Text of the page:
In contrast to the unambiguous positioning of Stifter as an exponent an allmenschliche "credo of Austrian worldliness" or, alternatively, of a "patriarchal (altväterliches) credo" (SelWr 2.437ff.), the status that Benjamin ascribes to Kraus is more ambivalent, although the reading of Stifter leads immediately to his portrait of Kraus. The diagnosis that he operates in "the span between Creation and Last Judgment" without finding any "redemptive fulfillment" (437) remains valid, however, for Kraus as well. Landscape is for Stifter's prose what history is for Kraus, so that "for him, Kraus, the terrifying years of his life are not history but nature, a river condemned to meander through a landscape of hell." This image makes it clear that Benjamin's critical gaze is not just directed at the mythologizing process, at the perception of history as nature; what particularly interests him is the virulently theological topology (the "landscape of hell"). For Kraus, Benjamin writes, history is "merely the wilderness wasteland (Einöde) separating his genus (Geschlecht) from Creation, whose last act is world conflagration" (II.I/341; SelWr 2.438). And further: "As a deserter to the camp of the creaturely—so he measures out this wilderness (wasteland)." An apocalyptic worldview and devaluation of history are therefore not just two sides of the same coin. In Benjamin's perception, they also evoke an attitude in which the human subject allies itself with the animal creature and finds itself mirrored in it. The role of the animal creature thus becomes a symptom of an anti-historical theological mythologization of modernity, an attitude Benjamin describes as a legacy of the Baroque.
Benjamin elaborates the stance toward the creature from both of its sides: in terms of affection toward animals, and of their transformation into Creation's mirror of virtue, which is an act of imagination. He sees an echo of the "all-human credo" wherever "Kraus concerns himself with animals, plants, children" (340, 437). Benjamin treats the way in which Kraus "inclines toward" the animal "in the name of creature" with undisguised irony. For Kraus, writes Benjamin, the animal is "Creation's true mirror of virtue, in which fidelity, purity, gratitude smile from times lost and remote" (SelWr 2.438). His irony is directed at the projection involved when virtues that have emerged only in the course of human cultural history are mistaken for the innocence of paradise and where "purity" is discerned in, of all things, animals. The name 'creature' stands precisely for this projection of the state of Creation onto history. When the human being sees its own face in the mirror image of the animal creature, Creation and history merge into one. As emblems of Kraus's attitude, Benjamin discovers something "infinitely questionable" in the animals, above all because they are his own creations, "recruited solely from those whom Kraus himself first called intellectually to life, whom he conceived (zeugte) and convinced (überzeugte) in one and the same act" (438). Here Benjamin takes Kraus's work as an example of an autopoetic system wherein his own imaginative projections are regarded as the embodiments of Creation, and in whose mirrorings a reflection of the Creation falls back upon the author. The critique is then intensified in Benjamin's image of the "temple of creature." Benjamin poses a grave objection against such a procedure, one central to present-day debates about fictionalized works of Holocaust witness: "His testimony can determine only those for whom it can never become an act of procreation (Bestimmen kann sein Zeugnis nur die, denen es Zeugung nie werden kann)" (II.I/341; SelWr 2.438). With this statement, Benjamin criticizes reference to animals as the representatives of a creaturely state of innocence, as if conferred upon them by divine Creation, a reference that disregards the real living animals. Instead Benjamin reserves the act of witnessing (Zeugnis) for a constellation free of 'intellectual' procreation (Zeugung), that is, the generation of 'life' through an act of imagination.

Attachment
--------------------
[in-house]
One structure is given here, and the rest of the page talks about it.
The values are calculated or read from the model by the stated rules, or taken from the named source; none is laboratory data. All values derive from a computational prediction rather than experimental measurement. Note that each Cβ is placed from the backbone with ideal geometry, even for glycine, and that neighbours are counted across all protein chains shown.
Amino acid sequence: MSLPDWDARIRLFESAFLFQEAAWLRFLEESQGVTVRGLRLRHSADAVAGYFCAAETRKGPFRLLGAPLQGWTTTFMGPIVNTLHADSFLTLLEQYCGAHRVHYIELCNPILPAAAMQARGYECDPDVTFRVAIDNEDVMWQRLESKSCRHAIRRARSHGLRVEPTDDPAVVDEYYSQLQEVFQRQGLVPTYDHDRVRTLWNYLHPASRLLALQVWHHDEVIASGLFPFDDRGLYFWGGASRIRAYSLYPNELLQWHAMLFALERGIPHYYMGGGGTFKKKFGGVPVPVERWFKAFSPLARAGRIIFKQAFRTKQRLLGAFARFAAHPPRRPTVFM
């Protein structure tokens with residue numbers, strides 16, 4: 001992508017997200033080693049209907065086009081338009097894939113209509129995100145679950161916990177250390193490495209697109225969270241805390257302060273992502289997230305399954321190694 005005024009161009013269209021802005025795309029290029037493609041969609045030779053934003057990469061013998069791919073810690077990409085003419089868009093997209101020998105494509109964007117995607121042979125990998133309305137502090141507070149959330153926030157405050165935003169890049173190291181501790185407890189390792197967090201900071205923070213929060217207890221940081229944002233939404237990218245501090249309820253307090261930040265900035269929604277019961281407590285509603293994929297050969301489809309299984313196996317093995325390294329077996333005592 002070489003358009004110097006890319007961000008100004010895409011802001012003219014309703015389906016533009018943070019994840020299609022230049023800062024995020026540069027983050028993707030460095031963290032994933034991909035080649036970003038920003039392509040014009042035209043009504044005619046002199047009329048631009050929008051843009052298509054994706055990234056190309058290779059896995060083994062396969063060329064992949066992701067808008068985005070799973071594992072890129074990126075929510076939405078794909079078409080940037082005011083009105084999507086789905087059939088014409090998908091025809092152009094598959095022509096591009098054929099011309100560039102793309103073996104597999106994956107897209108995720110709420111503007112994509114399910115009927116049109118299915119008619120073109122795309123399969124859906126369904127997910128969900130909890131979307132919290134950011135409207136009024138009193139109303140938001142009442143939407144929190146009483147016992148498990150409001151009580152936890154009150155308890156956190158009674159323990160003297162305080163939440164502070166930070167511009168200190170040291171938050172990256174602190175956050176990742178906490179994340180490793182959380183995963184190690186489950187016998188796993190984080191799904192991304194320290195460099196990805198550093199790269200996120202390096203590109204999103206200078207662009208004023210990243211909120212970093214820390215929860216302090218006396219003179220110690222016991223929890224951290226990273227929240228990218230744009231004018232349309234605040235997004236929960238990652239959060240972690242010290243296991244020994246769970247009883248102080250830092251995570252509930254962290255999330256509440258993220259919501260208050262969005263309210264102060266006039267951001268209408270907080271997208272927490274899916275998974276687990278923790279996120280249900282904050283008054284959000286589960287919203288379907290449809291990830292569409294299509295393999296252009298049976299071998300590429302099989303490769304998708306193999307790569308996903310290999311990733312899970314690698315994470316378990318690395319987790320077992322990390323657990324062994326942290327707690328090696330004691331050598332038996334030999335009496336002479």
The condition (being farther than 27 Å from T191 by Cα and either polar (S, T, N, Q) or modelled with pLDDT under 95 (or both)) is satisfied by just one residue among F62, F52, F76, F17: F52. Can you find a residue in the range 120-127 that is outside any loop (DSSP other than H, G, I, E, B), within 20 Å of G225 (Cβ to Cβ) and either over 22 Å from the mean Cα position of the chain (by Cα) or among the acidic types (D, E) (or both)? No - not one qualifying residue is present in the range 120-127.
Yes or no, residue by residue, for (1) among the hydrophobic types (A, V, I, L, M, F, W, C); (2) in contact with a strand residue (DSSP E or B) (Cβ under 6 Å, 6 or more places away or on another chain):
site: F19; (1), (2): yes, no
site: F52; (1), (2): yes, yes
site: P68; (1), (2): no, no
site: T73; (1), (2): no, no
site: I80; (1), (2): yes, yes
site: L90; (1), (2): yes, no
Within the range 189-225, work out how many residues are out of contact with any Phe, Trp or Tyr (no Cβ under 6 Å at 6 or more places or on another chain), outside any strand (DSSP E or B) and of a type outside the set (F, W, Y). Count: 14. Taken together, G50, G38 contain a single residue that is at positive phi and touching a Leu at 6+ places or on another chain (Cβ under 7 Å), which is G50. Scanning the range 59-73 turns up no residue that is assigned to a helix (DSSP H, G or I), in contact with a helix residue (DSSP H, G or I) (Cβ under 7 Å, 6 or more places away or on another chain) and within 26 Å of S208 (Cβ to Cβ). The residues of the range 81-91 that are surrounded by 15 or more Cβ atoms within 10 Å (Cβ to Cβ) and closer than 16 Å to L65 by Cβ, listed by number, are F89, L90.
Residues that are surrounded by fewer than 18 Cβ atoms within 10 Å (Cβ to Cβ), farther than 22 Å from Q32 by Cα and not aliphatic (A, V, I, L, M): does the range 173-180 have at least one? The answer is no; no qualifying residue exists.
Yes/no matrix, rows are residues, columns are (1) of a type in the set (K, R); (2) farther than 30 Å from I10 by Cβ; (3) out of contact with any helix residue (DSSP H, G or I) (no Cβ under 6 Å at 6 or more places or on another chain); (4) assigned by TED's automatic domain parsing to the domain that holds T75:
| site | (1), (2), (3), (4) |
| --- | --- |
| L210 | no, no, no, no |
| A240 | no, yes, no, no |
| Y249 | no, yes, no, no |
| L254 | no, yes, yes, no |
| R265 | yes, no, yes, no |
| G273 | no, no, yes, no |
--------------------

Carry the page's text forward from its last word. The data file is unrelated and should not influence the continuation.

His commentary on the ambiguity of meaning that is characteristic of Karl Kraus's speeches and writings cannot be discussed in detail here. However, in the course of his discussion of the concrete themes, objects, and motifs in Kraus's texts, Benjamin comes back again and again to the basic structure of a significant historico-philosophical topography: the "span between Creation and Last Judgment." For Benjamin, Kraus embodies a stance that—in the midst of modernity and its technological features—takes up a relation to the theological inheritance through such concepts as that of creature, although without leading into a redemptive history. He presents Kraus to us as a persona operating in a complex and complicated intermediate space between the world of Genesis and the present. By neglecting history, which would fill this intermediate space in the form of a time-span, Kraus finds himself in a position on "the threshold of the Last Judgment" (SelWr 2.443). Benjamin compares this perspective to the foreshortening found in Baroque altar painting. Where Creation and Last Judgment abut one another in a relation of immediacy (that is, with no intervening historical time), their orders come into conflict, a conflict of principles: "If he ever turns his back on Creation, if he breaks off lamenting (Klagen), it is only for accusing (anzuklagen) at the Last Judgment" (II.I/349; SelWr 2.443, emphases S.W.). Anklage, the language of the law, and Klage, the language of creatures, are directed at different authorities; they are not only incompatible but in direct conflict with one another. This conflict finds expression in a multiplicity and polyphony of linguistic and bodily gestures. Polemicism, headstrong stubbornness, biblical pathos, theological tact, lamentation, and demonic voice are all the effects of a stance in which the speaker, maintaining his position on the threshold, turns first in one direction, then in the other, addressing himself as he does so to different authorities. At issue in the Kraus essay (first published in four parts in the Frankfurter Zeitung in 1931) is not so much the historical figure of Karl Kraus as the illumination of this intermediate space and the clarification of the aftereffects of the theological inheritance in specific present concepts. Benjamin's commitment is directed at a precise analysis of the various overlays, substitutions, transformations, and references that connect contemporary concepts to ideas derived from a divine order.
Excerpted from Walter Benjamin by Sigrid Weigel, Chadwick Truscott Smith. Copyright © 2008 S. Fischer Verlag GmbH, Frankfurt am Main. Excerpted by permission of STANFORD UNIVERSITY PRESS.
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Meet the Author
Sigrid Weigel is Director of the Center for Literary and Cultural Research in Berlin.